Pop Rocks: Something Named Connor Franta (and His Association with O2L) Is Trending

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"YouTube Celebrity." I read those words earlier today when checking out the trending topics on Twitter and trying to figure out why some kid named Connor Franta was dominating hashtags. I admit that I'm not up on every element of celeb gossip. In fact, it might be fair to say that my knowledge of it extends only as far as the trash magazines I buy my wife for trips to the beach and the weekend I spent as a stringer for US Weekly.

Still, when rumors about Beyonce and Jay-Z crop up or photos of Zac Ephron and Michelle Rodriguez getting hot and heavy appear in my Facebook trending stories feed, I'm aware of who these people are and may even know some of the back story. And when those things cross paths with sports or Internet nerdery, it triggers a part of my brain reserved for obscure statistics and trivia from sci-fi films. In short, I'm not completely clueless.

But, when #WeLoveYouConnor and other variations on this hashtag appeared on Twitter, I was stumped. First, to Google. No Wikipedia entry? That was surprising. I'm pretty sure one of my cats has a Wiki entry, so who is this guy who is so popular he can drive massive traffic on Twitter but not have some reference on the Encyclopedia Britannica of the web?

Then, I began to see references to Our Second Life or O2L. A little more digging and it turns out it is a YouTube "super group" but they don't sing. They just do videos about themselves and their daily lives for other tweens. Um, what?

This confused me even more. I mean I understand that there are places I don't know about. I've heard the "darknet" is a place where you can buy drugs or hire contract killers or something. I know you don't mess with Anonymous, the Internet "vigilante" organization, or they will close down your website and destroy your online life (whatever that may be). But, a bunch of kids who became celebrities and millionaires (yes, millionaires) on YouTube for making videos about their lives? You're kidding, right?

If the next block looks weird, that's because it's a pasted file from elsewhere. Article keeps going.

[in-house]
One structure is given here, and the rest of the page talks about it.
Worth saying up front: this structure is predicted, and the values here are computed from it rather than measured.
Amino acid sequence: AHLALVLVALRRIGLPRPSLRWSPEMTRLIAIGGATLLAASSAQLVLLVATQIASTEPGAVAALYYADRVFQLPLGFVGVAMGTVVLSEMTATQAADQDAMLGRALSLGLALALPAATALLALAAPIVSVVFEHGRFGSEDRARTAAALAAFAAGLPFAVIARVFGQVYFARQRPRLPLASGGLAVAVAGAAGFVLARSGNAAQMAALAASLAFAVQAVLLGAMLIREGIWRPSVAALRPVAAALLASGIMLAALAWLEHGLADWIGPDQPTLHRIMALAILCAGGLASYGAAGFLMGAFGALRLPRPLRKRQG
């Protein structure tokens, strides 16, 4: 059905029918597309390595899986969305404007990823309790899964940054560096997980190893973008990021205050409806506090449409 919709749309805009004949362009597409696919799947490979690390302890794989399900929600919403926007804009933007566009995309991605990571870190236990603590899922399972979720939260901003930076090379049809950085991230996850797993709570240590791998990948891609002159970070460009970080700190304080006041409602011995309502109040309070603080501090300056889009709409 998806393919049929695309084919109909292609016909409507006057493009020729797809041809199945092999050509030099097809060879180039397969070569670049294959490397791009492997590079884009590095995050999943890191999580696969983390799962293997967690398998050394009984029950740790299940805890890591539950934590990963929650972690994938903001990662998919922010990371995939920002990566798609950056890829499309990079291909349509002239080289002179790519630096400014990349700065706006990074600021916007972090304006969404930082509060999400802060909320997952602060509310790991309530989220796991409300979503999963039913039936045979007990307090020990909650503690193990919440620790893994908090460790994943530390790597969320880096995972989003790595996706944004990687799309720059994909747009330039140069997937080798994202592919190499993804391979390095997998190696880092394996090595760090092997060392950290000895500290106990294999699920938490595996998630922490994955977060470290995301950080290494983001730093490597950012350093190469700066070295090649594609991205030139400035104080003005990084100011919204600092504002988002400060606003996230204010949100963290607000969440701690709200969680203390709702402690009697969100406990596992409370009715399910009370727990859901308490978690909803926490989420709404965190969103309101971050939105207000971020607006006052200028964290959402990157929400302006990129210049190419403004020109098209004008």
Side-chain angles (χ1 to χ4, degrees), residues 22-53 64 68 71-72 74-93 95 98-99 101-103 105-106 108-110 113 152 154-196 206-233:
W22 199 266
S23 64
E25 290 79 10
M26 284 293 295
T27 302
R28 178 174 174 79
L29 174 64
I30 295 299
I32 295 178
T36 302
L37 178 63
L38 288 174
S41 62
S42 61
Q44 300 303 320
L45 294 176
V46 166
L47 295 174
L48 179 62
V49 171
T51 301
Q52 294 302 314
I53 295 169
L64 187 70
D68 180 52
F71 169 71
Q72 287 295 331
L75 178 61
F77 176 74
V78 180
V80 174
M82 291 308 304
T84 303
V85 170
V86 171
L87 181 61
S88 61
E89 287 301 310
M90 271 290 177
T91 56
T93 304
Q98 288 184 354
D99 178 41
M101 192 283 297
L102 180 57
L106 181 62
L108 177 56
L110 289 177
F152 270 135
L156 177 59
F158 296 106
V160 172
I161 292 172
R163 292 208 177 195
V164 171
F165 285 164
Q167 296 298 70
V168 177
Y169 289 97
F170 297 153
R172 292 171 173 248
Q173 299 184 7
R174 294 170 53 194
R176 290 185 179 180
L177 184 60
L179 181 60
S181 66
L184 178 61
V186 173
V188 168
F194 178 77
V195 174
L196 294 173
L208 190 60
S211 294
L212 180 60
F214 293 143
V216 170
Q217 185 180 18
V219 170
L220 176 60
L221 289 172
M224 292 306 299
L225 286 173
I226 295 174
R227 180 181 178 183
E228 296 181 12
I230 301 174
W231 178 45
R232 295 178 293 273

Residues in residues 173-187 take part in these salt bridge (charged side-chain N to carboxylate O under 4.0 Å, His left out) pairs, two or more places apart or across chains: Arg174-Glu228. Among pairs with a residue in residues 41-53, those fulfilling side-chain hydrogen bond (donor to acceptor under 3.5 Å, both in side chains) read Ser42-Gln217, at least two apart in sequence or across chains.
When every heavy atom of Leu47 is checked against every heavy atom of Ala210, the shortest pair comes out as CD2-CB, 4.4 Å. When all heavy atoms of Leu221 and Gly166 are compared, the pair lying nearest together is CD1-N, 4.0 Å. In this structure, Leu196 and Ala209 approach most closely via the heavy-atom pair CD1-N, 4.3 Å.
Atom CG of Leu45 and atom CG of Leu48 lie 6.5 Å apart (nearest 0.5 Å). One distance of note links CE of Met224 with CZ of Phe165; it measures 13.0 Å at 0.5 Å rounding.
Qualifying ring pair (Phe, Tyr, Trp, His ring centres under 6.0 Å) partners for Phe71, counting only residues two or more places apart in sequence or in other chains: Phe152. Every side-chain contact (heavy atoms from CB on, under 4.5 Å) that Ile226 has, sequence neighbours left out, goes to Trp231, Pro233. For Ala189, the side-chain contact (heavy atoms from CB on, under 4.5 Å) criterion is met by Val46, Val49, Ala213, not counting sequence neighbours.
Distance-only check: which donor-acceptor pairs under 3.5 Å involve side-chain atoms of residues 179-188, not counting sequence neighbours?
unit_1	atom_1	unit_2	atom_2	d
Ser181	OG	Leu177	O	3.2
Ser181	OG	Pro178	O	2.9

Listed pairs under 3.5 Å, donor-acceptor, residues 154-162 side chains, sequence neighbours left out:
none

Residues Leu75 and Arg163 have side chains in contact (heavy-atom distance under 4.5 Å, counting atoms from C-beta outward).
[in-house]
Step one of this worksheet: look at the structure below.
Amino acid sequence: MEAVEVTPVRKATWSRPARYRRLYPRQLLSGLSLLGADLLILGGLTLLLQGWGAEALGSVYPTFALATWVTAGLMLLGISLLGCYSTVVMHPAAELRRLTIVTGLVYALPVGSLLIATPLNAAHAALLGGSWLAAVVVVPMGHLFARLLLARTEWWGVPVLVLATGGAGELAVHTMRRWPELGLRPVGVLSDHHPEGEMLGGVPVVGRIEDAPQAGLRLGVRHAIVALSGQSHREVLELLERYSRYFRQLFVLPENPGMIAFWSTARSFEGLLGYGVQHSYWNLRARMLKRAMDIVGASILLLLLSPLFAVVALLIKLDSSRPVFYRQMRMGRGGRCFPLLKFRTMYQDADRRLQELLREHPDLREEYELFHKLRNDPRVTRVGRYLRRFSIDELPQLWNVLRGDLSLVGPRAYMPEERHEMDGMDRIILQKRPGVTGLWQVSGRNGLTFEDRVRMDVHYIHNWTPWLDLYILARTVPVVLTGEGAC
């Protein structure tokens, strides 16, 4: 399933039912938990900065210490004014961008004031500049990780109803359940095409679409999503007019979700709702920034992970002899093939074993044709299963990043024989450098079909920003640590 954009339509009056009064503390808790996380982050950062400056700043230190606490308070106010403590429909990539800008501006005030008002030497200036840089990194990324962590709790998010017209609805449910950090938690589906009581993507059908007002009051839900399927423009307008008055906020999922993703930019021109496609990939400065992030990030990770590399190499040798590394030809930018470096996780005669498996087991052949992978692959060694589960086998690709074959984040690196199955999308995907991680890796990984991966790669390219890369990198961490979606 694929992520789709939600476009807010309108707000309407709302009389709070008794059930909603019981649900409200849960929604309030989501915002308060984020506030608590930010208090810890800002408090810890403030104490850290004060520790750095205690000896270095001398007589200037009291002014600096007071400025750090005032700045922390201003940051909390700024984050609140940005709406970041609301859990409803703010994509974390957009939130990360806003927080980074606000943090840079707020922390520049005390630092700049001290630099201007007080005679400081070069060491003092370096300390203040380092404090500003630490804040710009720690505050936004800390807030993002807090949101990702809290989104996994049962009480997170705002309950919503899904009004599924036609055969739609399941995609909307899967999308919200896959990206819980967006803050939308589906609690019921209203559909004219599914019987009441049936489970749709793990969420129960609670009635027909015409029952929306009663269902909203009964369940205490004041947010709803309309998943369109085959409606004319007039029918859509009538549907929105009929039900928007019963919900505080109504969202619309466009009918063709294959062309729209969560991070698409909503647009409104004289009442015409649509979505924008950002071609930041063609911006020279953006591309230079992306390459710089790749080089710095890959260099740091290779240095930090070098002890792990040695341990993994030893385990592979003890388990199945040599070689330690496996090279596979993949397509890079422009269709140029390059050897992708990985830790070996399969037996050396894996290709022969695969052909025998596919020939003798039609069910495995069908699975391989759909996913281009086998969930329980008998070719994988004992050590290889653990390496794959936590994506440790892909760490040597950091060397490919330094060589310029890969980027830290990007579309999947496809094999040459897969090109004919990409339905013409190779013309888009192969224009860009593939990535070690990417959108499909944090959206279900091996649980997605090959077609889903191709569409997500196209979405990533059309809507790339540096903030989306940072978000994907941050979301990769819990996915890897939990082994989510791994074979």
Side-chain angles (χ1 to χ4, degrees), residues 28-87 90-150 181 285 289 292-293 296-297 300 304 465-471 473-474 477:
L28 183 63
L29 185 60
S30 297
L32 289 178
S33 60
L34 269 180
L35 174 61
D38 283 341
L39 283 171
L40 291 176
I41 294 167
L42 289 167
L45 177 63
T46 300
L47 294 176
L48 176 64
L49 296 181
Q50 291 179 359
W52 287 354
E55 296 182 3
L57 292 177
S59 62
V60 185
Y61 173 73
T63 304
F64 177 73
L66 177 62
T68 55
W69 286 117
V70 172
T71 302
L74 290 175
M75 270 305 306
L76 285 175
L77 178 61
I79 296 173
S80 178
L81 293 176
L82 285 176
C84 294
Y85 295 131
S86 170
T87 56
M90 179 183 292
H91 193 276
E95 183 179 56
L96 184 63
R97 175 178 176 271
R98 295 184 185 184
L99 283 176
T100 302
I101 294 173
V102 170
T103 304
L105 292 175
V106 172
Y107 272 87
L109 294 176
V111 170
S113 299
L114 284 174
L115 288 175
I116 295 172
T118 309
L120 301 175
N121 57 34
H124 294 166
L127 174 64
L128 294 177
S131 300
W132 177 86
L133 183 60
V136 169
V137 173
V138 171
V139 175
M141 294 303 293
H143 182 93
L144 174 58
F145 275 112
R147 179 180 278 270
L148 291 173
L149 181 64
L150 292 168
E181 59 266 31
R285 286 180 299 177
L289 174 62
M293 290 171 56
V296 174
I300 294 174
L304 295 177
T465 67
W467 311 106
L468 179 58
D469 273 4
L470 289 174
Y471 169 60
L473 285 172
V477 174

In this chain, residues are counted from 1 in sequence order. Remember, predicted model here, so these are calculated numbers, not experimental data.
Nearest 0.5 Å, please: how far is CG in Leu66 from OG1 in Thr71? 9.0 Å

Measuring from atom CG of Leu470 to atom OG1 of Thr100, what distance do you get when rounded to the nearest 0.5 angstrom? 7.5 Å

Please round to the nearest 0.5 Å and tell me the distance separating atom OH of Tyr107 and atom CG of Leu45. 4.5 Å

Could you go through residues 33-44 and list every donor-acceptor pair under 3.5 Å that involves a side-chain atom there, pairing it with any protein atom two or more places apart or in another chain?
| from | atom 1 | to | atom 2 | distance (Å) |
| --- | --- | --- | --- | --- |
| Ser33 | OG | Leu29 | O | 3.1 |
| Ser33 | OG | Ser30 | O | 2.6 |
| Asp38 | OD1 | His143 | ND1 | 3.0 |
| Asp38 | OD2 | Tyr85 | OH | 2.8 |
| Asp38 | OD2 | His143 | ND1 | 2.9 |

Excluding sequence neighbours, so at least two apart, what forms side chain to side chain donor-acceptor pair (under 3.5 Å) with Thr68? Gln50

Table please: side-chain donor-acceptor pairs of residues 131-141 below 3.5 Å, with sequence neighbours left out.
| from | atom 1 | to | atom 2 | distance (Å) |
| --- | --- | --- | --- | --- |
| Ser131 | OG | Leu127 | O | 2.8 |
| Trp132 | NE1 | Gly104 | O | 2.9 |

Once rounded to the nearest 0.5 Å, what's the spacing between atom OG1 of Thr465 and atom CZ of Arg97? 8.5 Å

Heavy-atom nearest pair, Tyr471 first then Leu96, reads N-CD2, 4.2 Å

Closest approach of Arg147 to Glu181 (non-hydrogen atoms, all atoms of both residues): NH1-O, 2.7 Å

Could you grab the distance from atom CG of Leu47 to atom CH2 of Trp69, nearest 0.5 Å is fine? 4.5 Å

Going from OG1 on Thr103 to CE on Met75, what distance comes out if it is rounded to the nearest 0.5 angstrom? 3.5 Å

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Well, apparently not. And Connor Franta was at the epicenter of this Jonas Brothers for the online video set...and he's leaving. One tweeter said all she had now was "my bed, tissues and my tears." Franta himself even posted a dramatic video that had received more than 400,000 views at the time of writing this about how his life isn't all sunshine and roses, something anyone over the age of five generally already knows, although spending time with my nephews at the beach recently might ruin that hypothesis.

And lest you believe this is just some random social media tragedy, this affects a whole world IRL (that's In Real Life for you old codgers out there). There is even a Digitour (http://thedigitour.com/2014/index.html) that features "80+ of the best talent on social media." This means more than just bands. I can't fathom what they do? Create tweets live or maybe make videos to post online in real time? Ben Folds once engaged users on Chat Roulette live during his concerts. Somehow, I can't imagine the Digitour being quite that interesting, but I'm not 14.

Years ago, my niece had a YouTube channel. She and her friends would make silly videos and engage in comment wars with other youngsters. Her channel description simply read "SUBSCRIBE ASSCLOWN." Had I thought she and her friends had a chance to earn their first million before becoming teenagers, I might have encouraged greater participation. But, with that fortune comes a kind of fame that has managed to turn Disney kids into drug-addled adults. Celebrity can be like that.

A number of years ago, Bob Costas said of being famous that we had reached the first time in American history when celebrity can come without achievement. Enter Paris Hilton and Kim Kardashian and the hoard of people famous for simply being famous. This, at least it would seem, is the same thing for the tween set and it is only possible with the Internet.

It is the web that has created the space for kids like Franta to generate fame and money out of nothing. At least it seems like nothing to me and others who aren't under the age of 25. In fact, I'd argue that the most critical digital divide in our world today is not between the rich and the poor but between the young and the old.

This weekend, my three-year-old nephew was absolutely killing it at a video game on my brother-in-law's phone. He knew instinctively how to use the phone, the computer, the portable DVD player and any other piece of technology in his path. As I was explaining to some of the older members of our party, if you know the construct, you can extrapolate and when kids learn it early, it is like when we learned how to ride a bike. Once we learn, we don't forget.

They stared at me with blank faces no doubt wondering if one of the kids would be around later to help them work the TV. I can't imagine what they would think if I tried to explain to them what a YouTube celebrity was. I'm not even sure I know and I'm the one they call when they can't figure out how to reboot a computer.

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